a regime, not criticizing people. Newspapers and publications are routinely
closed down in Iran because they criticize the Islamic regime.

Ismaili: In our laws and regulations we have two kinds of criticism. The
first is constructive and the second is destructive. This is also mentioned
in the press law. Constructive criticism does not disrupt public order and
does not offend the feelings of the people.

ATOL: Coming back to the question: to criticize the regime is destructive or

Ismaili: Of course constructive criticism is allowed. If you take a look at
daily newspapers, it shows that this kind of criticism has been totally
accepted. Last week I delivered a lecture in Mashhad. They asked me a
question regarding the banning of some newspapers. Unfortunately on that
occasion one journalist misinterpreted my speech. He said the Council of
Guardians supports the permanent closure of publications. Fortunately before
the news was published, IRNA [the Iranian news agency] said that this
mistake has been made by them - not us. Only one newspaper printed the
offending article in the first page. They wanted to take advantage of this
news. Some foreign radios - for example Israeli radios - also took advantage
of this speech. So I ask this question: is this kind of criticism

ATOL: Of course not. But we are talking about intellectual, philosophical
criticism of the system that at present is not tolerated in Iran.

Ismaili: The Council of Guardians does not have the executive power to limit
or ban the press. At the same time, we are watching an increase in the
number and circulation of the press.

ATOL: Let's turn this around. Everybody we talk to in Iran, young people
mostly, the first thing they say is that there is no freedom of the press
because the regime does not allow criticism.

Ismaili: I don't know what kind of young people you have talked to. I do not
agree with this kind of belief among some of our young people. The students
of this university - I mean Imam Sadeg University - are also young. With
students in some other universities, they do not share this same idea.
Yesterday students had a gathering in front of the Ministry of Culture and
High Education. They said they wanted to ask why did the government tolerate
so much criticism by the press.

ATOL: But the government does not keep quiet. Publications are closed all
the time. Anyway: how do you explain the fact there are so many
disillusioned people in Iran at the moment?

Ismaili: There is also a great number of people who show their loyalty to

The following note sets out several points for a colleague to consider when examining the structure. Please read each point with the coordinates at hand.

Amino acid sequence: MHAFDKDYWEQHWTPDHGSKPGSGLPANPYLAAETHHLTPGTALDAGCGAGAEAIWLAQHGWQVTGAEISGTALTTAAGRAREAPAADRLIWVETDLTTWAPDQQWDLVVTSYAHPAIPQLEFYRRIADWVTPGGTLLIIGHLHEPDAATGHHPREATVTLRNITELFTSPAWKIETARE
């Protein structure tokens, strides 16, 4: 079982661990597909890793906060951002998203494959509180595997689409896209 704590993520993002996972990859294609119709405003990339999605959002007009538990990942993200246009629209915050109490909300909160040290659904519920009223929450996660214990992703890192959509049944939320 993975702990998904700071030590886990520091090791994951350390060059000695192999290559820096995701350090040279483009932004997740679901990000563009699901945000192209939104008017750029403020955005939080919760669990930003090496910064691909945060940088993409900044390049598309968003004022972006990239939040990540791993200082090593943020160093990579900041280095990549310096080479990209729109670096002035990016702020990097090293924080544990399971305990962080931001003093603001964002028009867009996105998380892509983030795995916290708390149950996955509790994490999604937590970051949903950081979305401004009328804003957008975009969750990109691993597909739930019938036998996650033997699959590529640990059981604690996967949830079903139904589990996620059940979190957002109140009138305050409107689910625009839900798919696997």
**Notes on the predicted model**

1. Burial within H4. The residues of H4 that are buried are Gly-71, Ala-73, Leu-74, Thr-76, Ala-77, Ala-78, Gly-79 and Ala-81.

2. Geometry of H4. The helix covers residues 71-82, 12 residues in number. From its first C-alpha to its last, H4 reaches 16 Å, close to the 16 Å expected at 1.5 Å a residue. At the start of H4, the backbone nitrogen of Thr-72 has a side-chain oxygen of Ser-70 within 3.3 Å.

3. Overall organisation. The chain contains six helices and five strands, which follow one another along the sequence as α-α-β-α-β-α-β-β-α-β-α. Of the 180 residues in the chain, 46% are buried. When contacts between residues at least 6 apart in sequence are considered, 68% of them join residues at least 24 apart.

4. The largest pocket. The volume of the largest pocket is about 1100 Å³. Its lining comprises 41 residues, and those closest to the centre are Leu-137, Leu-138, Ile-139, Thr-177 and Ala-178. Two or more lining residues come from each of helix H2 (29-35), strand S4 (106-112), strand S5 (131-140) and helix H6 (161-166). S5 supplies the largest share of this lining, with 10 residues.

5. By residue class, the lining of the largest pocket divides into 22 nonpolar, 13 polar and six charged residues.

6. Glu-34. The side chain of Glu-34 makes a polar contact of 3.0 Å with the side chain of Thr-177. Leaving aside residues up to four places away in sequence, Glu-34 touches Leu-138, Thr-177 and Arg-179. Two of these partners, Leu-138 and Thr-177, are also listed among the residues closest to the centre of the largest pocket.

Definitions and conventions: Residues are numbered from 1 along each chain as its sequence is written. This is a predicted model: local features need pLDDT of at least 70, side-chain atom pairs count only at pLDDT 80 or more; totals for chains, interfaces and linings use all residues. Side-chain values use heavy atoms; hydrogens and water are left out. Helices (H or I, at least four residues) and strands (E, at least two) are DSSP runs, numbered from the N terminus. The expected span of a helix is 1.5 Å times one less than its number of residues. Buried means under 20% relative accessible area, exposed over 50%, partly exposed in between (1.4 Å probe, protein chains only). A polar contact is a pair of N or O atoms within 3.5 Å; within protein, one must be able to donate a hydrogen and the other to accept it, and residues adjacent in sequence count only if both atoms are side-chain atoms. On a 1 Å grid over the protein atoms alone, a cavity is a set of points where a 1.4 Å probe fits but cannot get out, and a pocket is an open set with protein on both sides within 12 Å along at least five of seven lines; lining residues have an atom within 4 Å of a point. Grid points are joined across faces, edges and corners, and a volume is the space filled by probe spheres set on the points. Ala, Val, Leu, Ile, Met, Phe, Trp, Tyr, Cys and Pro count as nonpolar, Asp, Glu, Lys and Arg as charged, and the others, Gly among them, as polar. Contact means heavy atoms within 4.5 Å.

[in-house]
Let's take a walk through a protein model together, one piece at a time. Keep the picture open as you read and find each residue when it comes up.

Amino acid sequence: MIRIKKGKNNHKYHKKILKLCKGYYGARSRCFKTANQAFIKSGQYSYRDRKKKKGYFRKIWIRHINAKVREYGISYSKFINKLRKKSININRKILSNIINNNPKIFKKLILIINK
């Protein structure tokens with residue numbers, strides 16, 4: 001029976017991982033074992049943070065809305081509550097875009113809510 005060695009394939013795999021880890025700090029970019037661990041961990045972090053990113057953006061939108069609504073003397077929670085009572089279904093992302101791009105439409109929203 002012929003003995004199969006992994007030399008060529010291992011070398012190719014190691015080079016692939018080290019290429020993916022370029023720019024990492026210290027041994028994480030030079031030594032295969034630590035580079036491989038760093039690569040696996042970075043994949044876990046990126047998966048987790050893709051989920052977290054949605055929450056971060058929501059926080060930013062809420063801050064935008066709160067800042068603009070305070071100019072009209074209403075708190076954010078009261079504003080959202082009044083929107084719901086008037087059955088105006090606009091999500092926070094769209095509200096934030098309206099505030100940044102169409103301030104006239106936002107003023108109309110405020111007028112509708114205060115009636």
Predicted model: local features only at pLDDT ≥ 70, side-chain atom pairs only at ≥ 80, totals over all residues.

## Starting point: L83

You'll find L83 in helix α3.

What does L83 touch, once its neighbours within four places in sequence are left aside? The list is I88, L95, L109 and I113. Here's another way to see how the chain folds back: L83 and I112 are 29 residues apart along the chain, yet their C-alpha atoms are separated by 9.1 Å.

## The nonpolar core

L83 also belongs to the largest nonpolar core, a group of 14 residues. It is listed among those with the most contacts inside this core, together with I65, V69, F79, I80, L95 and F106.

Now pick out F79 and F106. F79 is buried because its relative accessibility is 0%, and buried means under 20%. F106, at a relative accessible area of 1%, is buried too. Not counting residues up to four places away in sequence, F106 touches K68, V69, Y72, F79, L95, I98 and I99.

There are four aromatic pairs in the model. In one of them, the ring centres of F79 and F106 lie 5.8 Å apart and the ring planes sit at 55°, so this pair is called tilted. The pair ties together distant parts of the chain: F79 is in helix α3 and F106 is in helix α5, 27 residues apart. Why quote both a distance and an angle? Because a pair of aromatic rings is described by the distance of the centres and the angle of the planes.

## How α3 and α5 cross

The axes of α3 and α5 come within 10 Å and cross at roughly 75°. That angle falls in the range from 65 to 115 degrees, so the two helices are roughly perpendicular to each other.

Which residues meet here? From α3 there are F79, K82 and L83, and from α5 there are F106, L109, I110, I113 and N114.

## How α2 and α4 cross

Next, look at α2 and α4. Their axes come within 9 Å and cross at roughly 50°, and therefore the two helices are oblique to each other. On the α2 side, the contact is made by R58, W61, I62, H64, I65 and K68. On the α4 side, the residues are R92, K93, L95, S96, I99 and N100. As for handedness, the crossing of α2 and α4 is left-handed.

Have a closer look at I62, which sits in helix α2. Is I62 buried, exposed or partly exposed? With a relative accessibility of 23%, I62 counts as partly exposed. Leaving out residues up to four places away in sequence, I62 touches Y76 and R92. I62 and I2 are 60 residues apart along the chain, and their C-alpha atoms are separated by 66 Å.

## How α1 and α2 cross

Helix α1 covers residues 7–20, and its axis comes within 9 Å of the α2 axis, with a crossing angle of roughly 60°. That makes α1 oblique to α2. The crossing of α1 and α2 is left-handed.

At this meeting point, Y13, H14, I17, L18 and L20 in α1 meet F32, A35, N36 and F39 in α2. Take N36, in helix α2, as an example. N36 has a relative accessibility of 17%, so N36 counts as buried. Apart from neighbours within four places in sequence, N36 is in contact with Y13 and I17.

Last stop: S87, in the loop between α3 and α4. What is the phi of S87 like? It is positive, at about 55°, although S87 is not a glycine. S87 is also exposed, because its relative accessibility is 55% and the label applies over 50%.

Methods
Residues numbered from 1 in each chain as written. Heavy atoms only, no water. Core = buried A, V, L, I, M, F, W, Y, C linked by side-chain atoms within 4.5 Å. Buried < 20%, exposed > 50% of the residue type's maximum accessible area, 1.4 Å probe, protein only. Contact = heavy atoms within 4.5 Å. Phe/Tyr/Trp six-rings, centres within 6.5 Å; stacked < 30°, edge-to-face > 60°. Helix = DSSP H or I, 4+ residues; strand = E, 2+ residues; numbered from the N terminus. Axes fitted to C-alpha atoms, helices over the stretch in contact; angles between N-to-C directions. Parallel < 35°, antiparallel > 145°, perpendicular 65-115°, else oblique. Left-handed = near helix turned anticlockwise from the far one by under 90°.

the government. 

ATOL: So do you consider this to be a viable Islamic democracy - and
therefore the system does not need any improvement?

Ismaili: We believe there is still a far cry from here to an optimized
point. Definitely we need some outstanding changes in our viewpoints and
methods. This is not something in contrast with our regulations and Islamic
laws. We had been tolerating an unbearable autocracy for centuries. What you
call Islamic democracy we call religious, or public democracy. Twenty years
is not enough to accomplish this national religious democracy - especially
with those difficulties we have experienced in the last few years, like the
eight-year imposed war [against Iraq], and the bad effects after the war. We
are trying to do our best to achieve a very modern pattern of thought under
the protection of democracy, not only here but all over the world.

We expect Western countries to not deprive people from these new
experiences. For example, the Islamic Republic of Iran is trying to execute
its own objectives and purposes. We believe that we need experiences set
forth by the West and also by our people to establish a national religious
democracy inside our country. By the West, I definitely mean the heads and
officials of the US government. Of course we don't have any problems with
Western people, especially from other countries, like in Europe. We do not
feel any difficulty with the people of the United States. We think that if
the heads and officials of the United States do not interfere in the
country's ruling and do not interfere with our methods, Iran can continue
its humankind civilization caravan in its own way.

*  IRAN DIARY, Part 6: Golden domes and mean streets
by Pepe Escobar 
Asia Times, 30th May

MASHHAD - The Astan-e Qods-e Razavi - housing the holy shrine of Imam Reza
and other haram-e motahhar (sacred precincts) - is undoubtedly one of the
most dazzling religious complexes in the world. We are immersed in a
celebration caravan featuring golden minarets, blue domes, a fabulous golden
dome, a Timurid mosque, a kaleidoscope of calligraphy and floral motifs,
museums, breathtaking iwans (courtyards with four vaulted halls, two of them
entirely coated with gold), madrassas (schools), libraries, stalactite
stucco decorated with multicolored glass, and marvels such as the
30-million-knot Carpet of the Seven Beloved Cities.

At sunset, lost in the multitude of black chadors (veils) and white turbans
occupying every square inch of this huge walled island, the power of the
Shi'ite faith hits as hard as the power of Buddhism when one visits the
Jokhang temple in Tibet. The shrine complex was built by Shah Abbas at the
beginning of the 17th century - and been enlarged ever since. Imam Reza's
shrine itself, where pilgrims from all over the Shi'ite world touch and kiss
and weep and cling to a silver cage, is absolutely off-limits to

The public relations officers that care for foreign pilgrims tell us that
"your holy host is in fact Imam Reza, the 8th Shi'ite imam, born in Medina
in 765 AD and martyred by the Abbasid Caliph Mamoon in 818". Mashhad means
literally "the burial place of a martyr".

It is also big business. The foundation that manages the complex is now an
enormous business conglomerate including almost 60 companies. Most of the
funds come from donations, bequests and the selling of grave sites beneath
the shrine: being buried next to Imam Reza is an invaluable honor. The
foundation is heavily involved in charity, runs pharmacies and hospitals,